Of course

Mr Schauble told Washington to mind its own businesss after President Barack Obama rebuked EU leaders for failing to recapitalise banks and allowing the debt crisis to escalate to the point where it is \”scaring the world\”.

\”It\’s always much easier to give advice to others than to decide for yourself. I am well prepared to give advice to the US government,\” he said.

Because of course when you\’re giving economic advice to others you don\’t have to worry about the politics.

Geithner doesn\’t have to consider being lynched in the streets of Berlin if the Germans have to pay for everyone else.

3 thoughts on “Of course”

  1. Someone on Marginal Revolution suggested giving control of the Euro to the Federal Reserve in the US. I like this idea. Perhaps we can combine some degree of democracy with currency control by swapping control of everyone’s Central Banks. You know, once the Euro collapses. So the German Central Bank can be controlled by the French and the Slovaks. The Spanish by the Germans. And so on.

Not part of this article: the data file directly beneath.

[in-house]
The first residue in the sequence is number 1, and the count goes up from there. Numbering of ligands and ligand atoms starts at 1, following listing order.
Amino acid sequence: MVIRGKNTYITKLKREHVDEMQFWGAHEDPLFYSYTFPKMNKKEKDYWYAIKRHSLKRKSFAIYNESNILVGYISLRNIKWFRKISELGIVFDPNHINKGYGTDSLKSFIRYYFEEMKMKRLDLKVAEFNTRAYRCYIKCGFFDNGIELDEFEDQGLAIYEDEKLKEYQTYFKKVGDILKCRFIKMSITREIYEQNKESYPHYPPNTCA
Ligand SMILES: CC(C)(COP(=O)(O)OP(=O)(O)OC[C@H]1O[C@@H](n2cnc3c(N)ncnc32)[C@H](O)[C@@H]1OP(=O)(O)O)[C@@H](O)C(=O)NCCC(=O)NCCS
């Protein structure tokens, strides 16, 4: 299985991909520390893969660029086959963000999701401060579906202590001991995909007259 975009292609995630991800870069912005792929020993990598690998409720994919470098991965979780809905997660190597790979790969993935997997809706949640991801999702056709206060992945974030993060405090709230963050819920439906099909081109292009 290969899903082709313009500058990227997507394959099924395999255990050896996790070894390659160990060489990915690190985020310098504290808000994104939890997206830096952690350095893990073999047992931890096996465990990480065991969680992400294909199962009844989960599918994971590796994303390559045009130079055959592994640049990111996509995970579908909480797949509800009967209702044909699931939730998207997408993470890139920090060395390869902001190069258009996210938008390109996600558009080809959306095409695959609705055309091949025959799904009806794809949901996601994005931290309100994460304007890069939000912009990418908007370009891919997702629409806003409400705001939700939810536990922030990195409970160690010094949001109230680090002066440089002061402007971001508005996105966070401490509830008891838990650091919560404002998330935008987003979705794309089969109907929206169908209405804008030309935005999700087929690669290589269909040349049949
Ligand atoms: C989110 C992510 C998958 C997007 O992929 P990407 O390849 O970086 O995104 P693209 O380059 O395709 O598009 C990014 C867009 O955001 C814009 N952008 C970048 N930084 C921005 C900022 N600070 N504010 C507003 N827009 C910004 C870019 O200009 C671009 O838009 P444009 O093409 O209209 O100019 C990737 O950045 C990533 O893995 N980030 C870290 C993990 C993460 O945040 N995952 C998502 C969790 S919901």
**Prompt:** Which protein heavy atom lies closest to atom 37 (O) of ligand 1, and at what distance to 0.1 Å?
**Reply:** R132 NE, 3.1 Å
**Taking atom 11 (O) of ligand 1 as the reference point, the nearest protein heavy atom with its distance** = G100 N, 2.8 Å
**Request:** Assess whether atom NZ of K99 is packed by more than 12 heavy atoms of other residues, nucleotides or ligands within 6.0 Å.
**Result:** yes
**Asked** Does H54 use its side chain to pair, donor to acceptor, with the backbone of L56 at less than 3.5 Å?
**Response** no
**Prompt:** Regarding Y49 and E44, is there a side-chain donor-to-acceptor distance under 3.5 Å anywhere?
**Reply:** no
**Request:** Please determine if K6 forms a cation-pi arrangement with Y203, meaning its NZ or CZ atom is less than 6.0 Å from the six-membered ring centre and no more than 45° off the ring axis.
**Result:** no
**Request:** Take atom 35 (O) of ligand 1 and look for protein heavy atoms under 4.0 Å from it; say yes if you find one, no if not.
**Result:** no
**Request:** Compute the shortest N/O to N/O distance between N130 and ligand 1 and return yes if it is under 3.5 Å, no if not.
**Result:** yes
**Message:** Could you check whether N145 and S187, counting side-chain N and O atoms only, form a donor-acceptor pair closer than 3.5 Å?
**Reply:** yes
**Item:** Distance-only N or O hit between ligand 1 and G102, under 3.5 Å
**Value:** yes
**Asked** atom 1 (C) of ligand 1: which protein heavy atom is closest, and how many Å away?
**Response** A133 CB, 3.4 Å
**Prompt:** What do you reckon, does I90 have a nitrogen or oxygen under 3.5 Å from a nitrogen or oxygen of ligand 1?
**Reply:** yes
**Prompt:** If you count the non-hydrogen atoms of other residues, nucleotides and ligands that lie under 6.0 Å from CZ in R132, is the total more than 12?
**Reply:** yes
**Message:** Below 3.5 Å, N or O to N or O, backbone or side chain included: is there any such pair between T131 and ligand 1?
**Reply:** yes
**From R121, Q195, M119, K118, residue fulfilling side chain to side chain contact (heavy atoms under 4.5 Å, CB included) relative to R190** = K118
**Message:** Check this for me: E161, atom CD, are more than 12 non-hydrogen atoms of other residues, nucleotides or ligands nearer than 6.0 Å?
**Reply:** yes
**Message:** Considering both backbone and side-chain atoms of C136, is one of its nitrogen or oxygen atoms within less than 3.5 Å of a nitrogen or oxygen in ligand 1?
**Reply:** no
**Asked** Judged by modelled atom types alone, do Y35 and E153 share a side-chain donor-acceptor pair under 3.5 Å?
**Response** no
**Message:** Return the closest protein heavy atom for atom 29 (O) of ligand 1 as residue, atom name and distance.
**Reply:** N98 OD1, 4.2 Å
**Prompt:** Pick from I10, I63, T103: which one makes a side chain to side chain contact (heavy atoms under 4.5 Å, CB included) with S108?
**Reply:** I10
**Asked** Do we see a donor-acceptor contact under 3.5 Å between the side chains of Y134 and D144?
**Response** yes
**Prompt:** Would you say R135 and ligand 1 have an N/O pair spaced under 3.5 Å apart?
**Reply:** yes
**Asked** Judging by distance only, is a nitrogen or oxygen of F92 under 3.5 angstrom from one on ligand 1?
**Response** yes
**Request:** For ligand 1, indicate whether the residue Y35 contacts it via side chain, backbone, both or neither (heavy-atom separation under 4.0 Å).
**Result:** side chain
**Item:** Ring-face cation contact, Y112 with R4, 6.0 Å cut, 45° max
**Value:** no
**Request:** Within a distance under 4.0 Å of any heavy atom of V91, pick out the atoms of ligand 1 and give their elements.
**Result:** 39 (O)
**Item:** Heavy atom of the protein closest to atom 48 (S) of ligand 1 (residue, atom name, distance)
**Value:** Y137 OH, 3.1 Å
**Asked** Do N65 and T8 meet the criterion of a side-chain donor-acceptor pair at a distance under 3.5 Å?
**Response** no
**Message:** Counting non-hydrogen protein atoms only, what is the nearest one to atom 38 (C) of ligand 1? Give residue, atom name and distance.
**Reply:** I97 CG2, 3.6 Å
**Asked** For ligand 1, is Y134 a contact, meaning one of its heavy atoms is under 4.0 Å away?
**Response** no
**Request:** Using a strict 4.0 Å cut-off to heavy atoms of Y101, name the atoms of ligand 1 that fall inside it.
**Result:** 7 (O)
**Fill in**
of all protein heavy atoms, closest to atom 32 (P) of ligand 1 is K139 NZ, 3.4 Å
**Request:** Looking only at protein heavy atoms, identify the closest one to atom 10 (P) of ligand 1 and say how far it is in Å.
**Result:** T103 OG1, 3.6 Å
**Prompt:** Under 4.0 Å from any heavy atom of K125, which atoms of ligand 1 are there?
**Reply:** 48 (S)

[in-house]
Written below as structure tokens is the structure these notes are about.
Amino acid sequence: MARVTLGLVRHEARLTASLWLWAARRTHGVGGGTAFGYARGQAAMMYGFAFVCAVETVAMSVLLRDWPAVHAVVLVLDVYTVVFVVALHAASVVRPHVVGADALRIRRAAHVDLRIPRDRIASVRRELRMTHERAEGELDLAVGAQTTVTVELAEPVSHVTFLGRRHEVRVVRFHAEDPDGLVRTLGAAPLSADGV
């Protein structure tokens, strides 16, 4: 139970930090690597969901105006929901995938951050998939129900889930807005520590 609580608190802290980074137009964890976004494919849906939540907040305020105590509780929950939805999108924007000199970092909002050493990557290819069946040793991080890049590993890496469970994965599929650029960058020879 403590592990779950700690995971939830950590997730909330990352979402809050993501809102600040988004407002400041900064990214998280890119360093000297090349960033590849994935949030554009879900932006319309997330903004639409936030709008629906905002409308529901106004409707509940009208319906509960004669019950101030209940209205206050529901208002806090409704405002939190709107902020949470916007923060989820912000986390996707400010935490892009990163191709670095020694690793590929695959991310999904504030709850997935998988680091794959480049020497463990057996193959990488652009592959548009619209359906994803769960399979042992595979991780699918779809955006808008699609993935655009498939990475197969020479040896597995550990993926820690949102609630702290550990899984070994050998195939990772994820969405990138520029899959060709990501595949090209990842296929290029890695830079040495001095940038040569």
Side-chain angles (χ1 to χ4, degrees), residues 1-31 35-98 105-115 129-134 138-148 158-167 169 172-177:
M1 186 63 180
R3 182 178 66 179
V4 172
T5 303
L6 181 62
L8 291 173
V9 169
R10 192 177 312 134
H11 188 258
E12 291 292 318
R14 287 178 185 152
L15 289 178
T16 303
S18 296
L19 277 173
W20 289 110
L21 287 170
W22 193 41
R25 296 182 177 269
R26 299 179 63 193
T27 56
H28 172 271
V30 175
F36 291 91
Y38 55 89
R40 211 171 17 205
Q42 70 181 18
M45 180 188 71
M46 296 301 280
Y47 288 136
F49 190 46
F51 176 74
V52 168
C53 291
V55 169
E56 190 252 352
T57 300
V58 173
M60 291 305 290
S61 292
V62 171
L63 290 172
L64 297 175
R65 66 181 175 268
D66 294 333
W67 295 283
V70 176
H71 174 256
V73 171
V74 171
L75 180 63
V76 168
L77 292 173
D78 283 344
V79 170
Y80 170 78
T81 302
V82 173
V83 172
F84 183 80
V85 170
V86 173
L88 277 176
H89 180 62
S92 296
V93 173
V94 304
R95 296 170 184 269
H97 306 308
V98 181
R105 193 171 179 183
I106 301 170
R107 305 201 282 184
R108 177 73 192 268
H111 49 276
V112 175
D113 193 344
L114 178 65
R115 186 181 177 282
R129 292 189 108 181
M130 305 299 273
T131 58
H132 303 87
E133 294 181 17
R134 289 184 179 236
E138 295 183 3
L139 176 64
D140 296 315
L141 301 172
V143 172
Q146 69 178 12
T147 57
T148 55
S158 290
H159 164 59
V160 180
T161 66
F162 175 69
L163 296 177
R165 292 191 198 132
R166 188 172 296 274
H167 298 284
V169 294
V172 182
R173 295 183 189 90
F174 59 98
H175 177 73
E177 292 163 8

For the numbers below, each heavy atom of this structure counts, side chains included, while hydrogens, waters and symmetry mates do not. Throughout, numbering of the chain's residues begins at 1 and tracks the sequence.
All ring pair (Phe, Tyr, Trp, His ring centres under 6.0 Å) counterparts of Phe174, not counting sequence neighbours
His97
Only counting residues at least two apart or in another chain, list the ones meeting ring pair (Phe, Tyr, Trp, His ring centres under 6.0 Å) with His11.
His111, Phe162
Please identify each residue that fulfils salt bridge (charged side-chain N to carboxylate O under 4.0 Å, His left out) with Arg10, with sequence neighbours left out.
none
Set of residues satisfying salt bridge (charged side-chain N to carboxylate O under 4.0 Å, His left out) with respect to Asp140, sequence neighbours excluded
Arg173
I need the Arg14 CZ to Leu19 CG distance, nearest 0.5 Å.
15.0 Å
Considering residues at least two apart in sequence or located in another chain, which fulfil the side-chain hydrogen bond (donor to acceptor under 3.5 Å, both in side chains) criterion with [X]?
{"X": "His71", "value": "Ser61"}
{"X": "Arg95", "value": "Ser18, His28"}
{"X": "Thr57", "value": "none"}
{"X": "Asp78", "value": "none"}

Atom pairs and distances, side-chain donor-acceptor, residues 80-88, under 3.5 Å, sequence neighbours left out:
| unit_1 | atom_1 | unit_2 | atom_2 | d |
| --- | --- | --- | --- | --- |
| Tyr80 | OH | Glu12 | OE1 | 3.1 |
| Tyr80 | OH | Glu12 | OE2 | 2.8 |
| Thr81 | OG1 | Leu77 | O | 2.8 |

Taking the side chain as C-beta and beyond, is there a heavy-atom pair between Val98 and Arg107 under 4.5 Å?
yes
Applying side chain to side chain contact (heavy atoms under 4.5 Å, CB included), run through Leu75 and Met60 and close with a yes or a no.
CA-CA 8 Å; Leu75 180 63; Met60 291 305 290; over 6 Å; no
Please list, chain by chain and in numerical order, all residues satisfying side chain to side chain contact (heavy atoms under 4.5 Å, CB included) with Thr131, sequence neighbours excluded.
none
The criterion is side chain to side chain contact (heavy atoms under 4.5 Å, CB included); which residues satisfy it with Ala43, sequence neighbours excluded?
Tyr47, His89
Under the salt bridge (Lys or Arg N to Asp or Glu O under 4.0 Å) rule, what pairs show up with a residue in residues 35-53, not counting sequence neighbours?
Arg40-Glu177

It would be interesting for two reasons – one is that it really would isolate the banks from local political pressures. The other is that it would be an interesting exercise in what fiscal policies are sensible. A teaching moment. Does Greece benefit from high inflation in Germany? No. So why would anyone think they do in Greece?

  2. Greece would benefit from high inflation in Germany, since it would erode the value of Greece’s euro-denominated debt. Debtors, in general, benefit from high inflation (in the sense of stably-high-not-leading-to-hyperinflation).

    Tim adds: Depends on the average maturity of the debt. If you owe on 30 year bonds that you’ve already issued, inflation is your friend. If your stock is 6 month T bills that you’ve got to roll over, inflation is a danger. Greece is toward the latter end of the spectrum.

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